Climate-Change Heatwaves Will Cause Mental Health Crises in Miami, Study Warns

Climate-Change Heatwaves Will Cause Mental Health Crises in Miami, Study Warns

This week, the Intergovernmental Panel on Climate Change released a Special Report on the effect of the world warming 1.5°C or more above pre-industrial levels.

More specifically, the study determined that there was a 0.5 increase in mental health difficulties for people in a month that averaged over 86 degrees Fahrenheit when compared to a month with an average between 77 and 86 degrees Fahrenheit.

According to the L.A. Times, the team led by MIT data scientist Nick Obradovich asked nearly two million people this question between 2002 and 2012: "Now thinking about your mental health, which includes stress, depression, and problems with emotions, for how many days during the past 30 days was your mental health not good?"

He said: "Poor mental health during adolescence has an impact on educational achievement and increases the risk of alcohol and substance use and violent behaviour". What researchers found was that even a moderate temperature increase could have a negative effect on one's mental well-being. "We had this nice decade's worth of information about how environmental conditions related to the way people reported their mental health status", Obradovich said. They said they singled out this type of natural disaster because climate change is expected to make these storms more frequent and more intense. The researchers found that women and people in the low-income demographic are more apt to develop mental health issues because of climate change, for example.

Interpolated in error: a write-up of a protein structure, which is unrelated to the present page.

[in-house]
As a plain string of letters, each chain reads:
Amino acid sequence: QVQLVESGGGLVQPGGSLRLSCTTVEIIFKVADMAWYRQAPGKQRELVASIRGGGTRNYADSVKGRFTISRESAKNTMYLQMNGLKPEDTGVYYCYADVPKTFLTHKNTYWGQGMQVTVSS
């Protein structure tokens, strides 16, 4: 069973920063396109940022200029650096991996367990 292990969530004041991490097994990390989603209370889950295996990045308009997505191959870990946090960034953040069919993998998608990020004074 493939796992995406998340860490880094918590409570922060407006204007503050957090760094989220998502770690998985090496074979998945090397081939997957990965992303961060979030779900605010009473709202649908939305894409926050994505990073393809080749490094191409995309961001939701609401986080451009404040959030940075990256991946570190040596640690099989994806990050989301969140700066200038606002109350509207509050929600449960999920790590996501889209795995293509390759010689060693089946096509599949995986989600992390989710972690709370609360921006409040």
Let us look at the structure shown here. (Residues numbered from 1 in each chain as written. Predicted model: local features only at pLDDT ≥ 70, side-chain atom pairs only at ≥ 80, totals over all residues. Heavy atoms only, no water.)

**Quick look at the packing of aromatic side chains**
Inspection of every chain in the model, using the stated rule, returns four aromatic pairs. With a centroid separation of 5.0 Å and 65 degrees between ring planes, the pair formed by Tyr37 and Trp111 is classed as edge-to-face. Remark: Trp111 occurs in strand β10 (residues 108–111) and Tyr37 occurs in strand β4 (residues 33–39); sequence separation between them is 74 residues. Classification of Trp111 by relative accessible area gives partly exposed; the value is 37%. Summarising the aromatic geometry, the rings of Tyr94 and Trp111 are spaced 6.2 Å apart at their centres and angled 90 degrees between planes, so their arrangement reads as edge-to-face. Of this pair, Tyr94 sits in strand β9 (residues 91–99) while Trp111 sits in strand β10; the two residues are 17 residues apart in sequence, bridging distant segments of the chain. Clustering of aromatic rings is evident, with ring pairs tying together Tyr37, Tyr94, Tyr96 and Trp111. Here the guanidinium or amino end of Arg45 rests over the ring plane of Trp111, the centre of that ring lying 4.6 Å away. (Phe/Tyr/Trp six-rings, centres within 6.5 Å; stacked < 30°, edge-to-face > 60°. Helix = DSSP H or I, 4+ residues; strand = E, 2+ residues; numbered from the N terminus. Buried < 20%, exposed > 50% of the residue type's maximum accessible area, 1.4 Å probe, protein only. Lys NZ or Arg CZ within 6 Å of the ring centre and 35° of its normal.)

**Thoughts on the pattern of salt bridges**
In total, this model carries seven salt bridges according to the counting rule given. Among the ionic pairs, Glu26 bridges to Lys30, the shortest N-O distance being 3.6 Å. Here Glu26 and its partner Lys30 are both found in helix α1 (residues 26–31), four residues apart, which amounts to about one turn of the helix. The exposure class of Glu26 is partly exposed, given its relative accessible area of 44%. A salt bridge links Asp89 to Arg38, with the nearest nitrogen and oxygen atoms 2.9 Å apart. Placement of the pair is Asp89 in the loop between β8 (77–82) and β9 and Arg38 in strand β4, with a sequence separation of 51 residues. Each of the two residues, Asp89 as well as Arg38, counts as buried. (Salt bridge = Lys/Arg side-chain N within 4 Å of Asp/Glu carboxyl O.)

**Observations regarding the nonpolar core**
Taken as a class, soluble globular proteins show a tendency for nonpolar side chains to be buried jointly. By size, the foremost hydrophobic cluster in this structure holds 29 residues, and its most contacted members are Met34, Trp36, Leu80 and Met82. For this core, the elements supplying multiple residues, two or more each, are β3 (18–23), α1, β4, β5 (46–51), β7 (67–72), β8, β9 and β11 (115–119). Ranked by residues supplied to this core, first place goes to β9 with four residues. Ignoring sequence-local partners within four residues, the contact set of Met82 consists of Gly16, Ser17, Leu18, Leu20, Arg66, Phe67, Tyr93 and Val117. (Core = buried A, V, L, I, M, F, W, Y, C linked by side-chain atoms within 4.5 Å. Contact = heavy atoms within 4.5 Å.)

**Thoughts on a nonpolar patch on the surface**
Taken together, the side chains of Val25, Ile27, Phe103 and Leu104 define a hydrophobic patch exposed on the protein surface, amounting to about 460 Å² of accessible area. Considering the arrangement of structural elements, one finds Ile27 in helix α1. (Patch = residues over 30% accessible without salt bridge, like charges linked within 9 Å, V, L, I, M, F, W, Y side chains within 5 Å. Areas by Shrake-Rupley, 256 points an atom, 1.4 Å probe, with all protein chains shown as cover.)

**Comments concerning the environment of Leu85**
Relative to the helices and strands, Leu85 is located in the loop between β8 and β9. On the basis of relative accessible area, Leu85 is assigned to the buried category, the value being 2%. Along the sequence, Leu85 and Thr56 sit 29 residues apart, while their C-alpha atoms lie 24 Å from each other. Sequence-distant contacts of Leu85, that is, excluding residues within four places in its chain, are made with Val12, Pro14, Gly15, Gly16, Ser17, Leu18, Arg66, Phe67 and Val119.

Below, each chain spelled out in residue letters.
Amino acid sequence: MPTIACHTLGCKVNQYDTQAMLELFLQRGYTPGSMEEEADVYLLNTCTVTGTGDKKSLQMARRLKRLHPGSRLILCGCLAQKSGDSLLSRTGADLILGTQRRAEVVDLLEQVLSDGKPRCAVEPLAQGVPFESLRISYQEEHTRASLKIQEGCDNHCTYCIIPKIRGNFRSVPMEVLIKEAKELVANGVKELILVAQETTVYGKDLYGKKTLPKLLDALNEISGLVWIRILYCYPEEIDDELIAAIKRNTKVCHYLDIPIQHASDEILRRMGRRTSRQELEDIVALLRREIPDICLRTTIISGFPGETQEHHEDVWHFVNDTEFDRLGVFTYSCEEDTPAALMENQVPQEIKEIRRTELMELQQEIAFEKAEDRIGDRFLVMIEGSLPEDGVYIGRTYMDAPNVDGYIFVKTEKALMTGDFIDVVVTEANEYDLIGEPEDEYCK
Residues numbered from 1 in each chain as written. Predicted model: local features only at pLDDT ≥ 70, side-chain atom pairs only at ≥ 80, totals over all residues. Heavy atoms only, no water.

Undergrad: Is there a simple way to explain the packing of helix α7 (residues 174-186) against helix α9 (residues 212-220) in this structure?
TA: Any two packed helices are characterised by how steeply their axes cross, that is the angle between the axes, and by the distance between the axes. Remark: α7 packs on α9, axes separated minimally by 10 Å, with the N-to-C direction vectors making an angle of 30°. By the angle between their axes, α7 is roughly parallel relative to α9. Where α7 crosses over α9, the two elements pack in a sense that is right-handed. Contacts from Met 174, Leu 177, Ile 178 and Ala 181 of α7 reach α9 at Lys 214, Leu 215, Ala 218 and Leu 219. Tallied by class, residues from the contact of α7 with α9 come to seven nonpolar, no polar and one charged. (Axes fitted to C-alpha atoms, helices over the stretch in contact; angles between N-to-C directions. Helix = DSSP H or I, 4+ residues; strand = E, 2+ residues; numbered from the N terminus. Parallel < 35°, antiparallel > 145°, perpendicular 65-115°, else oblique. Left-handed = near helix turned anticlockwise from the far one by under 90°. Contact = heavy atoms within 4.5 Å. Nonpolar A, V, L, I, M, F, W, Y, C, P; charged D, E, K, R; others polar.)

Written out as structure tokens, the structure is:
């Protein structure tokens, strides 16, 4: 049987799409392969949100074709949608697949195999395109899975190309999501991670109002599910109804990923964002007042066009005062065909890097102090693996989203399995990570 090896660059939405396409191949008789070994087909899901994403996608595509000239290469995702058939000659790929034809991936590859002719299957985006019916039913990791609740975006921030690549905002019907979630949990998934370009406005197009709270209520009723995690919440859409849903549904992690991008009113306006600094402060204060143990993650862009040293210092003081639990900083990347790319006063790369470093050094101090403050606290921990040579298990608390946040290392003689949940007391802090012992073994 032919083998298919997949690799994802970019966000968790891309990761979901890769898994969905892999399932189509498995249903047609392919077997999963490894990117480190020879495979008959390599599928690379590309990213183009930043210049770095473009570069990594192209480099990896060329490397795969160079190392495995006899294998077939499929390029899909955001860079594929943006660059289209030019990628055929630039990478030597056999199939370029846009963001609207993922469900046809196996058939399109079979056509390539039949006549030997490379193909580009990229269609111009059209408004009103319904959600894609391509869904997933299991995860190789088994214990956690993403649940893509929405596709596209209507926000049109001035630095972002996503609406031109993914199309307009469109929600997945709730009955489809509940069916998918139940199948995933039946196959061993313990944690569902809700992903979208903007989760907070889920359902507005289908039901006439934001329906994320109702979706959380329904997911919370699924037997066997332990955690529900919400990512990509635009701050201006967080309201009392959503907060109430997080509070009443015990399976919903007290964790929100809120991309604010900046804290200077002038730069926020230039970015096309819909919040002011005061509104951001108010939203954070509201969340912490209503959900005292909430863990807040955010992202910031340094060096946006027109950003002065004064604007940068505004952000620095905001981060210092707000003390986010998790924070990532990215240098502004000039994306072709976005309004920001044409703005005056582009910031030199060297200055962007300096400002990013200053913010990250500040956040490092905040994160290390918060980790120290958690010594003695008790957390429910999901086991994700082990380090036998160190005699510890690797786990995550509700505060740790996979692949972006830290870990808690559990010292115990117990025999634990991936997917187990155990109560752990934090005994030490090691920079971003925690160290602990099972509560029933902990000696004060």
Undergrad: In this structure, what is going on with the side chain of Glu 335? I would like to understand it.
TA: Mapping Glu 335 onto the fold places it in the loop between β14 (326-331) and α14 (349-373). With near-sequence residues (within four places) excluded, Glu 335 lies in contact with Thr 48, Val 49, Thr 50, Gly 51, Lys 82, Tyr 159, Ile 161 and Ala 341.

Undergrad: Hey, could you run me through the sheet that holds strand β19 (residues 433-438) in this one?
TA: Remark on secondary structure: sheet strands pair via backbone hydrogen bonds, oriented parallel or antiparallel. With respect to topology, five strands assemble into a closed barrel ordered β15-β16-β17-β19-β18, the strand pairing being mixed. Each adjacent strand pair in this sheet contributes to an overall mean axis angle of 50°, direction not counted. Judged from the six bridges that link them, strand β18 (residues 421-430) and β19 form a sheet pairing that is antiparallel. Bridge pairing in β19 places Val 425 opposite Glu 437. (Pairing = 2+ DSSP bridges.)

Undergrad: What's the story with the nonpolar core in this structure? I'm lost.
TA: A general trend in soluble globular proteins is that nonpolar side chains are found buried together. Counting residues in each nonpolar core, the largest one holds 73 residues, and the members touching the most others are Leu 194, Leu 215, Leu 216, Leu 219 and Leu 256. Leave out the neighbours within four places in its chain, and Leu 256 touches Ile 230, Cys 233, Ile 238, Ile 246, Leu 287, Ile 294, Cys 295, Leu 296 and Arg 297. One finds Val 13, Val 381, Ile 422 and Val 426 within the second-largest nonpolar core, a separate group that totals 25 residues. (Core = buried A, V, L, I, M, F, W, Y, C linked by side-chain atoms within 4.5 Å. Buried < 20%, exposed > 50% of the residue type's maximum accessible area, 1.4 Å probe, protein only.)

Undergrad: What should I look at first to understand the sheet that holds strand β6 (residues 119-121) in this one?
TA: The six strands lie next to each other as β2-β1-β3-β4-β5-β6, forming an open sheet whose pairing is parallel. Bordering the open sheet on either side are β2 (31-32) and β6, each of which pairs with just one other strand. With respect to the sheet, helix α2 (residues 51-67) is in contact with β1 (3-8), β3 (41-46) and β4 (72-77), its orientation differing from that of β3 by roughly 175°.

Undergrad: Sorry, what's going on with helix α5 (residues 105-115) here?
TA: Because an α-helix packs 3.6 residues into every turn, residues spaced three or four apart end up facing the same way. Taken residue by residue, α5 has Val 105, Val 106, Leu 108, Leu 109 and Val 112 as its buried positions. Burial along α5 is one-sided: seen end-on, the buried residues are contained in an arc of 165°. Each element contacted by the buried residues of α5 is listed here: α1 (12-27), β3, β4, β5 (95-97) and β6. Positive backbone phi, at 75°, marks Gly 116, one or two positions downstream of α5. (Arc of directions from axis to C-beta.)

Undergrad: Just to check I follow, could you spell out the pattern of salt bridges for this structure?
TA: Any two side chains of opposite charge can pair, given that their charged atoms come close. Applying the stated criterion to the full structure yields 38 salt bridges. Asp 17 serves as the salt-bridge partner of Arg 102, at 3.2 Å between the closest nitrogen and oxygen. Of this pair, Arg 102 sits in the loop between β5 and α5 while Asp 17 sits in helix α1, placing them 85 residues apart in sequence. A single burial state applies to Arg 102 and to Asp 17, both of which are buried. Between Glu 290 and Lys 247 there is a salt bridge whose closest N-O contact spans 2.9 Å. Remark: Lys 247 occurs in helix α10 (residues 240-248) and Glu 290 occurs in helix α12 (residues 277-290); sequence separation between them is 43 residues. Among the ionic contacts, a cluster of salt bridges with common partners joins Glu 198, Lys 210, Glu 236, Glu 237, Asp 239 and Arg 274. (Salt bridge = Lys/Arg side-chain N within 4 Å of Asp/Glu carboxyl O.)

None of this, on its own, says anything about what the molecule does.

"Generally what we found was that exposure to hotter temperatures and more precipitation increased the reporting of mental health problems".

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On the heels of a United Nations report that warned we have until 2030 to stop climate change from raising temperatures above a key threshold, another study found that the increasing heat could also lead to a decline to mental health.

In fact, a 1-degree C change - or a 1.8-degree F increase - could cause a 2 percent increase in mental health problems in just five years.

Other studies have found a connection between suicide rates and temperature.

While all three factors were significantly associated with worse mental health, there was a clear hierarchy among them - hurricanes were the worst, followed by long-term warming and short-term temperature changes. Experiencing Katrina was linked to a four percentage point increase in the prevalence of mental health problems. The author of that study, Dr. Jonathan Patz, a professor and director of the Global Health Institute at the University of Wisconsin-Madison, told CNN that, if anything, he expects the newer study underestimates the "stress and despair" likely to be caused by government inaction in the face of climate change.

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